This is the part where it gets tricky. Advocates need to find a balance of promoting a 2019 removal, while finding ways to control the process if a removal in 2018 does take place. It’s a balance of standing up for what is best for the horses in the long run, while maintaining obtainable goals.
If advocates don’t acknowledge the high possibility of a 2018 removal, then horses will be removed anyway. We risk having horses removed solely based on how many foals a mare has had, and if that line is potentially inbred. That leaves it open for a lot of poor management decisions if horses are removed.
To prevent that from happening, encourage the Billings BLM to significantly reduce the number of horses removed this year. There’s only about 5 that could be removed with minimal loss of genetics at this time. Remind them to consider the most likely sire when making management decisions. Dare I say it: in the long run color is the least important factor when determining long-term herd health. That means if a removal does take place horses like Pride need to be a priority for removal. Make sure when you list the horses that would have the least impact if removed, you make it clear why and how you made those objective decisions.
Part 2 of trying to reduce the number of horses is reminding the Billings BLM of range improvements. Praise them for guzzlers, and encourage them to continue to make water improvements. Ask them to reseed portions of the range, and control erosion especially around ponds. I think when advocates shot down prescribed fires it was a subjective decision, not an objective one. Ask the Billings BLM to revisit that management tool and it could prevent a wide-spread fire that would be difficult to control, and rejuvenate forage in a safer method.
The rest is up to you. I can’t stress enough the importance of making objective, science based comments. It is better to take the time to make comments well, than to send them at all. Continue to help the Pryors lead the way toward true adaptive management in a respectful and scientific way.

Hopi Q and Orielle

There are only about 5 horses that would have minimal impact on genetics if removed: Pride, Oak, Pegasus, Quanah, and Quaid. Once those horses are determined, all others need to be taken out of consideration. 

Using Motorized Vehicles in the Pryors

Edit: The Billings BLM provided clarification on their facebook page. Apparently the hearing happens every year, but I hadn’t heard of it happening before. If those that can’t attend the hearing still wish to comment, they can mail a comment to the Billings BLM by February 2nd.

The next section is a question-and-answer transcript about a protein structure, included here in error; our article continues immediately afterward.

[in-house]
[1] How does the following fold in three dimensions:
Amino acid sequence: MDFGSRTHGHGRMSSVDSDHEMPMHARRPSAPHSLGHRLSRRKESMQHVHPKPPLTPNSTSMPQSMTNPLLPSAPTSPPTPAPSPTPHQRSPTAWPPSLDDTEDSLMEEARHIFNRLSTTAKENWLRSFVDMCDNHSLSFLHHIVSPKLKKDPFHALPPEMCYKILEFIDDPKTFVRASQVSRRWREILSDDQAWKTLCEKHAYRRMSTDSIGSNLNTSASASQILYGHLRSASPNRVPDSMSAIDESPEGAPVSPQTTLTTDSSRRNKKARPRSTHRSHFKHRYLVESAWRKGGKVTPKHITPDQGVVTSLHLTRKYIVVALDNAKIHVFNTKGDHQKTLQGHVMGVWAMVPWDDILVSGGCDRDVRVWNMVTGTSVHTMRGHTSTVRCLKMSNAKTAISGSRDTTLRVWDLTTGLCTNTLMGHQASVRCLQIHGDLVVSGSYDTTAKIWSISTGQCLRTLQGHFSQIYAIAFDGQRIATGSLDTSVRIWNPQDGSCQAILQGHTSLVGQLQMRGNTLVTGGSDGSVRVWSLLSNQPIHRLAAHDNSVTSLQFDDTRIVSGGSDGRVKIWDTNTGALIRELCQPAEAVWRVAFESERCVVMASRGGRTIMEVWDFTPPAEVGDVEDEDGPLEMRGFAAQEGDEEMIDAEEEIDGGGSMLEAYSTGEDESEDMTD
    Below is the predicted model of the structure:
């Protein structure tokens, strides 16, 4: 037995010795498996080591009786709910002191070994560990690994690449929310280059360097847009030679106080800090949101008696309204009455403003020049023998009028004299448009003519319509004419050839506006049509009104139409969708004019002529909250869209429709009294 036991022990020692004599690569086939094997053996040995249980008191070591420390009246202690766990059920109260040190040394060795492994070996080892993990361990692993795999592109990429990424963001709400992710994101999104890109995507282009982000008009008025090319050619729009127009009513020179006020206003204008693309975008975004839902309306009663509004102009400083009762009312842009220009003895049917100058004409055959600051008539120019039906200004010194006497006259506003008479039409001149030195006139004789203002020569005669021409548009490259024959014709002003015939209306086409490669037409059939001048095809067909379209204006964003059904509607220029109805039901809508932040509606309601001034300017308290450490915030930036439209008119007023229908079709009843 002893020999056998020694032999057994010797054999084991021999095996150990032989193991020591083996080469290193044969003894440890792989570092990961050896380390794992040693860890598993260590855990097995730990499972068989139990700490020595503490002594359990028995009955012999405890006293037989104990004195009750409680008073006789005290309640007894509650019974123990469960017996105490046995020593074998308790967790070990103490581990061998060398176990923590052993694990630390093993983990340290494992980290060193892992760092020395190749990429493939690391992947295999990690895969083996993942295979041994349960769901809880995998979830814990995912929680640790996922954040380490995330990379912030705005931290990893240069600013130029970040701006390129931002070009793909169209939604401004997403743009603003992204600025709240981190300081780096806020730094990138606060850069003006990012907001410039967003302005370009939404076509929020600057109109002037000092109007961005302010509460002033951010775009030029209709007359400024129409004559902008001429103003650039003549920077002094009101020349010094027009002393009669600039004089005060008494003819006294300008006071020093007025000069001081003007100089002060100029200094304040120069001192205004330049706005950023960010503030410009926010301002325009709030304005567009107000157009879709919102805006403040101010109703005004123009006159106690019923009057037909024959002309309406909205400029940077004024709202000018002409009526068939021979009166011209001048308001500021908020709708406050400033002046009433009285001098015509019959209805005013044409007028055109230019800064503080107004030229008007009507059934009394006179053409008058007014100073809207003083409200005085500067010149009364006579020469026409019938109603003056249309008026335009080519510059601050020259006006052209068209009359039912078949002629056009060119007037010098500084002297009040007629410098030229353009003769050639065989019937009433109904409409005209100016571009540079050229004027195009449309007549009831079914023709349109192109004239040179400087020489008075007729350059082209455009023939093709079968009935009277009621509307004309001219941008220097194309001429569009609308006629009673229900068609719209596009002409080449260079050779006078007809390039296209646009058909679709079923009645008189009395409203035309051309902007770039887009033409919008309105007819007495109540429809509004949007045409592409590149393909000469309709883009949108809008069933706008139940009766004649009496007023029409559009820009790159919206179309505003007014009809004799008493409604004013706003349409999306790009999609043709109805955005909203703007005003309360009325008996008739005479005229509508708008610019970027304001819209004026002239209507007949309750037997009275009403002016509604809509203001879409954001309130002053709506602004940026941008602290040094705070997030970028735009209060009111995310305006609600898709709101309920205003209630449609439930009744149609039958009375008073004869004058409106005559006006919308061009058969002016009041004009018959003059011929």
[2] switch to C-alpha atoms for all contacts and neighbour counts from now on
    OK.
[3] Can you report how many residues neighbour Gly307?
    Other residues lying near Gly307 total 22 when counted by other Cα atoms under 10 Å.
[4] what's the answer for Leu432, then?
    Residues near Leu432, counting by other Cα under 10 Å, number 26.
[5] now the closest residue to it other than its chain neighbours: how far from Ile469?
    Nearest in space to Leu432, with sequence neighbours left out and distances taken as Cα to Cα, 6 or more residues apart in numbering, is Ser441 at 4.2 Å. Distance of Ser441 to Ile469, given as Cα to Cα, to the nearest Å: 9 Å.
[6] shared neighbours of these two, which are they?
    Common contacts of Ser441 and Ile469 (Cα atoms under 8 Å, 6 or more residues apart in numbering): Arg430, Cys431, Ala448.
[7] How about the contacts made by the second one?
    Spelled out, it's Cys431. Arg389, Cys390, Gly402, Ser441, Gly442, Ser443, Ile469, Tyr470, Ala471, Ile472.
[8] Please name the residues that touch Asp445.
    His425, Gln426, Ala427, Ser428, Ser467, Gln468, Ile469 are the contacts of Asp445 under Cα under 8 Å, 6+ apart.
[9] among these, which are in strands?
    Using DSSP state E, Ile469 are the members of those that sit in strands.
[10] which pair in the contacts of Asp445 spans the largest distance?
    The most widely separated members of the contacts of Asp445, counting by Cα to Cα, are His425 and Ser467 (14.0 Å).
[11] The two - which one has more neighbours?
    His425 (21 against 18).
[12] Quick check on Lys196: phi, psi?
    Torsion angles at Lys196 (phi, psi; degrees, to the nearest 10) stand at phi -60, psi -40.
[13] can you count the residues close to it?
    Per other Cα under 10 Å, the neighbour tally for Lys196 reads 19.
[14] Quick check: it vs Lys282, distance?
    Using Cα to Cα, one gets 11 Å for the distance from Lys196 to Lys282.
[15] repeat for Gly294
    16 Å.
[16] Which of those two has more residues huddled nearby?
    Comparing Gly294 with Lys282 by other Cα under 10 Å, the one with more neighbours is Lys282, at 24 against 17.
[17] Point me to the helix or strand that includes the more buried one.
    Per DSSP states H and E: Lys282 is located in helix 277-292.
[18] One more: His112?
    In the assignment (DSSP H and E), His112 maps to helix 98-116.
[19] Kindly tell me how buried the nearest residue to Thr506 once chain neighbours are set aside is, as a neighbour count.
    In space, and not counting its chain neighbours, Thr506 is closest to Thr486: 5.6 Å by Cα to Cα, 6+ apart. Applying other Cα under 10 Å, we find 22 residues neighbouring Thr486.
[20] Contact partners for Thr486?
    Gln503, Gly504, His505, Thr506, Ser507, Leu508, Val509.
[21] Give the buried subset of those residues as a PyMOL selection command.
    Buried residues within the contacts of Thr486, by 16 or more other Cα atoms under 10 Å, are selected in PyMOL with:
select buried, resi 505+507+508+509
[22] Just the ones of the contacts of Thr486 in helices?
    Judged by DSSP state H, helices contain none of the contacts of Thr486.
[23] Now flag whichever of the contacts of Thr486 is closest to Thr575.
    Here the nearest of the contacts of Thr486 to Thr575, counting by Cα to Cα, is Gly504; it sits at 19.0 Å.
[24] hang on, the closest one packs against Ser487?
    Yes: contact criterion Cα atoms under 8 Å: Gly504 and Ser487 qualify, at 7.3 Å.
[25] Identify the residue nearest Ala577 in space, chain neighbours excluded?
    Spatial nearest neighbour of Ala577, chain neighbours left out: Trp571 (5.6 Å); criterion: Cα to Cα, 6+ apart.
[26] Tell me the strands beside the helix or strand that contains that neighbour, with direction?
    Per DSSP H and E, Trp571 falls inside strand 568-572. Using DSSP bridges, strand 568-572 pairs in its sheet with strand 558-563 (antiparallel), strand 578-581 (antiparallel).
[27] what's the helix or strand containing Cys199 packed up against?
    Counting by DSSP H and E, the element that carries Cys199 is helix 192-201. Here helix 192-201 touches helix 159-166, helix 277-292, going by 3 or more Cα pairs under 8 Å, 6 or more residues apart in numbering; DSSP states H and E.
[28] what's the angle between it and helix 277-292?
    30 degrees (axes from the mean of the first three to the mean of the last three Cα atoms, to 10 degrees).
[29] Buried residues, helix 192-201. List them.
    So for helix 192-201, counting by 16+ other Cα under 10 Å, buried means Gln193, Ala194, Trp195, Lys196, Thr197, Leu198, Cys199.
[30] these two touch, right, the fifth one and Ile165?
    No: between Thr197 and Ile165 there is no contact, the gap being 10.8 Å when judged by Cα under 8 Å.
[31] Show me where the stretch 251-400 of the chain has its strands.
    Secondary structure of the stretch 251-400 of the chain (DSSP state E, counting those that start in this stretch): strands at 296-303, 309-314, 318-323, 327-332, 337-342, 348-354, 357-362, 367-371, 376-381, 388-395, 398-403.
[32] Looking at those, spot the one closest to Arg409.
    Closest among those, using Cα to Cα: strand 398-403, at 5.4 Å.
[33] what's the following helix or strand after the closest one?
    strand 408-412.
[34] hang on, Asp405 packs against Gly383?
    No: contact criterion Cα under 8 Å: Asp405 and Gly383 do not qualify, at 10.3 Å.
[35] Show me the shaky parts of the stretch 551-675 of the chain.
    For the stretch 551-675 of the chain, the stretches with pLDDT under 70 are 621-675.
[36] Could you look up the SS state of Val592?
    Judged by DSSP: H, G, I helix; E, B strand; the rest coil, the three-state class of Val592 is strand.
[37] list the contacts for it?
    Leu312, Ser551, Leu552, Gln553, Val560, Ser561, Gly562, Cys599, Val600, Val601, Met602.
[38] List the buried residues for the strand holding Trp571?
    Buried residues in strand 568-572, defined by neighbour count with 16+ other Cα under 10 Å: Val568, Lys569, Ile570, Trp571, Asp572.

On February 2nd the Billings BLM is having a public hearing about the use of motorized vehicles when managing the horses in the Pryors. More information about the date and time can be found here, but I thought I would provide more information about what that might mean for the horses.
Since the Pryors were the first US designated horse range, they have seen a plethora of management. I’m not exactly sure how the horses were managed when the range was first being established. I started paying attention to management in the Pryors around 2009, so for early information I recommend contacting the Pryor Mountain Wild Mustang Center.


The Pryors has two main regions: the mountain top, and Dryhead.

When management tools became more modern, it seemed like a pattern emerged when the Billings BLM wrote their EAs. Step one: recommend an adaptive management technique such as PZP or bait trapping. Step two: decide not to use new management due to negative response from public. Step three: use a less desirable management tool such as helicopters while acting like the public forced the BLM to make that decision.
For example, when PZP was first being used it was rightly criticized because there were risks to mares. The formula is now safer, and now if there are risks it is due to operating error. When bait trapping was first proposed, it was hypothesized that the large concentration of horses near the trap site due to the salt or mineral lick used to bait the horses was causing an increase in predation. Now bait trapping is viewed as the most humane way to remove horses.
The helicopter round-up in 2009 provided a wake up call for advocates. Done in fall, there were still very young foals and the run down the mountain caused foot issues, and even a few cases of colic. With high temperatures, the Billings BLM was forced to stop the round-up early. Rather than cutting their losses, the Billings BLM decided to remove entire bands from the Forest Service without regard to genetics. Luckily The Cloud Foundation and others stepped in to help give the horses a great lasting home.